As a director on several company boards and an active leader in civic and trade groups, Otto Miller also was a well-rounded, full-time citizen, dedicated to America and to his family. On the occasion of a commencement address at the University of Southern California (USC), Otto Miller received an honorary doctor of laws degree. The chairman of USC's board of trustees, in presenting Otto Miller for the degree, stated: ''Otto Miller has earned the hearty respect of his peers, and he has served in numerous esteemed professional positions. He has earned the respect of his community and nation for invaluable civic and philanthropic efforts. And he holds the respect of the world for service on many significant international commissions. Above Standard Oil's familiar double Chevron is an invisible but unmistakable arc—the Otto Miller brand of success."
Otto Miller served on the company boards of Crocker National Corporation, The Weyerhaeuser Company, and Equitable Life Assurance Society. He was also a director of the California State Chamber of Commerce, National Center for Voluntary Action, the San Francisco Opera Association, and the United Nations Association of the United States of America. He was chairman of the United Nations' twenty-fifth anniversary observance in 1970.
In addition, Otto Miller served on the board of trustees of the National Review Board of The East-West Center, and the council of the Americas and Grace Cathedral. He was also a member of the board of governors of the San Francisco Symphony Association, the Business Committee for the Arts, the management council for Bay Area Employment Opportunity, and the advisory council of the Stanford Graduate School of Business.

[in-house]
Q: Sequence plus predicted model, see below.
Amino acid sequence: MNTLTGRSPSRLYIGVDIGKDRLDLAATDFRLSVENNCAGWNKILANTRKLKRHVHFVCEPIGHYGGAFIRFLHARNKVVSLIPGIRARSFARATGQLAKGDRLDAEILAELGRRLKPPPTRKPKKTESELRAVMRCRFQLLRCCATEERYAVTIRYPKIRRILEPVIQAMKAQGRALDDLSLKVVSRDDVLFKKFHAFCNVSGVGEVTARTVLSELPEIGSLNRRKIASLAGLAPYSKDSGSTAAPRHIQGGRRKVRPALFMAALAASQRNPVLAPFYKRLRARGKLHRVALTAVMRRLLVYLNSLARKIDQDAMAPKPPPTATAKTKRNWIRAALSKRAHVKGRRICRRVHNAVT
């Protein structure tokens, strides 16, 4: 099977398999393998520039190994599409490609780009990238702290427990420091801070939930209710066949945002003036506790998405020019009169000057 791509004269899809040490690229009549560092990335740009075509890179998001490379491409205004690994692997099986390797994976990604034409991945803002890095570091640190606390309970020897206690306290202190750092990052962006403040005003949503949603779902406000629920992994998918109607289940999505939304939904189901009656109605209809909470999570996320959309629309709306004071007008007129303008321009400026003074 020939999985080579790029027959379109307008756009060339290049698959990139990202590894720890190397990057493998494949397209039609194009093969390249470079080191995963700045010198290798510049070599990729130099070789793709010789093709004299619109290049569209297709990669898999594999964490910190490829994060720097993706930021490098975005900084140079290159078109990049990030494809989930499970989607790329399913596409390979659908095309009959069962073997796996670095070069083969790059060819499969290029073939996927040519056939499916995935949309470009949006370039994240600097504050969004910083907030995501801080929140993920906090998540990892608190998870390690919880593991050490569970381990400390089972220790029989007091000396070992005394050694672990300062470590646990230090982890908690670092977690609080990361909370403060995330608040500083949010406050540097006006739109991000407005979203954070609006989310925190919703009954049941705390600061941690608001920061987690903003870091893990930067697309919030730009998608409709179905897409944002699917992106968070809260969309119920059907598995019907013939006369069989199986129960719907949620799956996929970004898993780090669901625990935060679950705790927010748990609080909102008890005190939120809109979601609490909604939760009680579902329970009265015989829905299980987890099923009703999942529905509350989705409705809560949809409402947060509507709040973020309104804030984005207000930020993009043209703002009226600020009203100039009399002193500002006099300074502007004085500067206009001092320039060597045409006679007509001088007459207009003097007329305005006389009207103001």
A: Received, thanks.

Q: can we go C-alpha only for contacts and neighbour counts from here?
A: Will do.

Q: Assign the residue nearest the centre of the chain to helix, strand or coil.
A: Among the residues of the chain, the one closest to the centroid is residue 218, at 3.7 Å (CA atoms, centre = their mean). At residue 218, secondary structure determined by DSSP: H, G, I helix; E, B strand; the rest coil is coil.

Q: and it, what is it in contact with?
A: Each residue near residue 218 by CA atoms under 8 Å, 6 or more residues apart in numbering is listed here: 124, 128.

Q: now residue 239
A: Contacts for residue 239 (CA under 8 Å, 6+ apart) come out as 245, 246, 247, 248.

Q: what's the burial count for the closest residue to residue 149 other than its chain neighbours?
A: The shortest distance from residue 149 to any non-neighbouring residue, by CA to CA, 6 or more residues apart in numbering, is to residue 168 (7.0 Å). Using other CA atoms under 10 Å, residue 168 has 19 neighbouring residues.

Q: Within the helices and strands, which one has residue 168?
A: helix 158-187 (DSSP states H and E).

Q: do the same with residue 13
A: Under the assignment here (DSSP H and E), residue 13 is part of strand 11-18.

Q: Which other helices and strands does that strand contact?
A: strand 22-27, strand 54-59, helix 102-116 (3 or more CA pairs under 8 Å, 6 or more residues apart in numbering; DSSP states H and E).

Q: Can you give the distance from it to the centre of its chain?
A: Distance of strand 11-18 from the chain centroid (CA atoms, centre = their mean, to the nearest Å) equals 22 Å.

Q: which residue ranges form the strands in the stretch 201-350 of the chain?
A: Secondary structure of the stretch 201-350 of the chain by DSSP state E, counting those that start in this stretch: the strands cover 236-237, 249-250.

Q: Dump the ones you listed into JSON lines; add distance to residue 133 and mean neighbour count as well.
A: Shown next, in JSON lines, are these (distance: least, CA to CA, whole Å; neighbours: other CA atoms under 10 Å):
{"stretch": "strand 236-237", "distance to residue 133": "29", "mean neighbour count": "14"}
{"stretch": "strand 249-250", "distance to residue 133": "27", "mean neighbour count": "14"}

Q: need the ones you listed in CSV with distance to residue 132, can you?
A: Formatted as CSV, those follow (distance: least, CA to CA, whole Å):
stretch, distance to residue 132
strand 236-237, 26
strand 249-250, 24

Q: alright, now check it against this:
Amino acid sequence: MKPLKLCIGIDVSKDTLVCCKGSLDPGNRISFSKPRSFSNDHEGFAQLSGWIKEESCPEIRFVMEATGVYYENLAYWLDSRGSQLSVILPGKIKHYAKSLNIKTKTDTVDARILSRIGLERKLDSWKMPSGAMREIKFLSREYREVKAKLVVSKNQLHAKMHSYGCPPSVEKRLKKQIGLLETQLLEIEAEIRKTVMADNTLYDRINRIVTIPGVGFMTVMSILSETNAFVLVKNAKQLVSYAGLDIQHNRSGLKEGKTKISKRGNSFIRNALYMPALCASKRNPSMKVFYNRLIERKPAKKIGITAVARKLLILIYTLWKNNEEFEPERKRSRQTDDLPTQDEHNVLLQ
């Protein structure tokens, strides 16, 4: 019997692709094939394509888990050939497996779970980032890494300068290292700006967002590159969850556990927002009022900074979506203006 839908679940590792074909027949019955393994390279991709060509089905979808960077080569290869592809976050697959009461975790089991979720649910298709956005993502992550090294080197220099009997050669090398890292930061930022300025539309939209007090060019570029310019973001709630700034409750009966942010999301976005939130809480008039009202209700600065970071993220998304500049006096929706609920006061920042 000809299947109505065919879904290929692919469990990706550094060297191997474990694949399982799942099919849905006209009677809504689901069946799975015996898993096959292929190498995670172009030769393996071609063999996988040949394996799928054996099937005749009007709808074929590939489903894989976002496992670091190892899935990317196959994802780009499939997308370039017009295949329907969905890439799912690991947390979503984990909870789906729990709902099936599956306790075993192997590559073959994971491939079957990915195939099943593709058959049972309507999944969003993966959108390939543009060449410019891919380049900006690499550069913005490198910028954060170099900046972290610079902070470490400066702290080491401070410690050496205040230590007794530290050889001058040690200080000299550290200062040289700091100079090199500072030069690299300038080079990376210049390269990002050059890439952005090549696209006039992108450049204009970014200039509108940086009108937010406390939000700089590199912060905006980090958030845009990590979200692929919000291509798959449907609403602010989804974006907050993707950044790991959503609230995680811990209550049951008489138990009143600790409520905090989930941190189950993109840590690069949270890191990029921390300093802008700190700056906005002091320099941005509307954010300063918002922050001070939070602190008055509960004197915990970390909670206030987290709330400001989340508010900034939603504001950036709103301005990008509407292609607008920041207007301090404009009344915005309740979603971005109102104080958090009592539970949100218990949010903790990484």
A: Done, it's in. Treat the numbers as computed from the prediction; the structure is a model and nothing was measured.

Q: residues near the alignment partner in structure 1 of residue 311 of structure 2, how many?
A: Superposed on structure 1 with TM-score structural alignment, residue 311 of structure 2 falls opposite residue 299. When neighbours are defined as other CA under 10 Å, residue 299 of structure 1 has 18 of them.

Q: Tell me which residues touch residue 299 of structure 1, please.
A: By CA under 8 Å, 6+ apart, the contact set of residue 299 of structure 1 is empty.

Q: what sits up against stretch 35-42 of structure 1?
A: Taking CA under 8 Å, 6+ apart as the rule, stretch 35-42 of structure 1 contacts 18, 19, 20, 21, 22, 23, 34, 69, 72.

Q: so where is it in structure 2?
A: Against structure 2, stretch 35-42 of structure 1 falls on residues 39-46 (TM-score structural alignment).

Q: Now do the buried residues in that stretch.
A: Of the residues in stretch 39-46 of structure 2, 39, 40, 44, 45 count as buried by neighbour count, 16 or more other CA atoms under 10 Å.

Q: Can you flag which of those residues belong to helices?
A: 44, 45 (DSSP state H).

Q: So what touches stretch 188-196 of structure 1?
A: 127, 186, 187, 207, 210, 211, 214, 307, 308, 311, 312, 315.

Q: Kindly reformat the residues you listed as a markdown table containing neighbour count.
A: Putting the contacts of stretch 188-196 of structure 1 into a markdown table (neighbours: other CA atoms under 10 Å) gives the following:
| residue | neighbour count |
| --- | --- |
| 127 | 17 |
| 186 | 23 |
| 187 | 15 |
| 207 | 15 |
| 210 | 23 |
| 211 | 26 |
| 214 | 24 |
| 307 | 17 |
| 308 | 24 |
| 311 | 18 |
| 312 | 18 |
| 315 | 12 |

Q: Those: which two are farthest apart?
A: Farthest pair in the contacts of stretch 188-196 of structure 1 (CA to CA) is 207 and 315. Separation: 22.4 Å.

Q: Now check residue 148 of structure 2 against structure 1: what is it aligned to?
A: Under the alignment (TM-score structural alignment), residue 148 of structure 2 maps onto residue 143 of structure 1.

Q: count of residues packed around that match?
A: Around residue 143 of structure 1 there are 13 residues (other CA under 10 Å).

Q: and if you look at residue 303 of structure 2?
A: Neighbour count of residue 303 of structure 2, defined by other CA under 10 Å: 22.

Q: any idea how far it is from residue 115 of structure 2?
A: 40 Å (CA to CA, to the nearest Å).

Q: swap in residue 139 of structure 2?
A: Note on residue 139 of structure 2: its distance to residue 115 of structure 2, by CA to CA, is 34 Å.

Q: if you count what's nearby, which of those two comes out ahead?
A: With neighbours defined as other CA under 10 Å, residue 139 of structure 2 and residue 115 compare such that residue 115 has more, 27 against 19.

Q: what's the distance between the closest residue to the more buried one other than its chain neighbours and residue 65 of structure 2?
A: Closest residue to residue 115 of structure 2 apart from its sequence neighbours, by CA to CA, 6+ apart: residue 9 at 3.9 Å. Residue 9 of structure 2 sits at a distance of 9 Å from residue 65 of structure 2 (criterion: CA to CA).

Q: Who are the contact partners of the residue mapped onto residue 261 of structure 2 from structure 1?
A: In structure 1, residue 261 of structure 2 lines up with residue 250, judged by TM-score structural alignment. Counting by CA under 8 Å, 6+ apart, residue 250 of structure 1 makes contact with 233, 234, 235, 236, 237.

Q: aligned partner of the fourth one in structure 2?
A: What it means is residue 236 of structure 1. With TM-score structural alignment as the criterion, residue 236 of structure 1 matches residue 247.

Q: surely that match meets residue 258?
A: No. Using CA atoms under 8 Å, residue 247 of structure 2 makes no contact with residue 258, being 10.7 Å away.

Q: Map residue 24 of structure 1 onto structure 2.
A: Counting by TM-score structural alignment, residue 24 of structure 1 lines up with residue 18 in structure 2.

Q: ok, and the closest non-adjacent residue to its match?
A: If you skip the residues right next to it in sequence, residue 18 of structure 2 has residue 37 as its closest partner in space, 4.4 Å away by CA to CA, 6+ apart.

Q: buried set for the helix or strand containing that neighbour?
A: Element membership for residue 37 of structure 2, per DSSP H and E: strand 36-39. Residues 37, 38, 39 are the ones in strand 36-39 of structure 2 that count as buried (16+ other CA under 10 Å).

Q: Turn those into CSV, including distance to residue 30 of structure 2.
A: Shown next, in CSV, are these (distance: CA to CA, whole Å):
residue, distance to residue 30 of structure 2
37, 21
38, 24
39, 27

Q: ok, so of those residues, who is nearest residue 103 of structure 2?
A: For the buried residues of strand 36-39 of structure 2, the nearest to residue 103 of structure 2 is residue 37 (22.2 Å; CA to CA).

In 1980 an Otto N. Miller professorship in earth sciences was created at Stanford University. He received a distinguished achievement citation from his undergraduate alma mater, Iowa State University, in 1982, and in 1983 was awarded the Anson Marston Medal at Iowa State. Earlier, he was honored with a distinguished alumnus citation from the University of Michigan, as well as a number of other recognitions from the University of Michigan and Iowa State University.
Despite his strong dedication to hard work, Otto Miller never lost his passion for "hard play" in the rugged out-of-doors, which began with his boyhood on a farm in Iowa. In retirement, he was afforded the luxury of channeling his massive energies into these pursuits. He especially enjoyed bird hunting and trout fishing. Throughout his career Otto Miller had a rich family life, and spent much of retirement time enjoying the companionship of his wife, son, daughter, daughter-in-law, three sisters, one brother, and five grandchildren.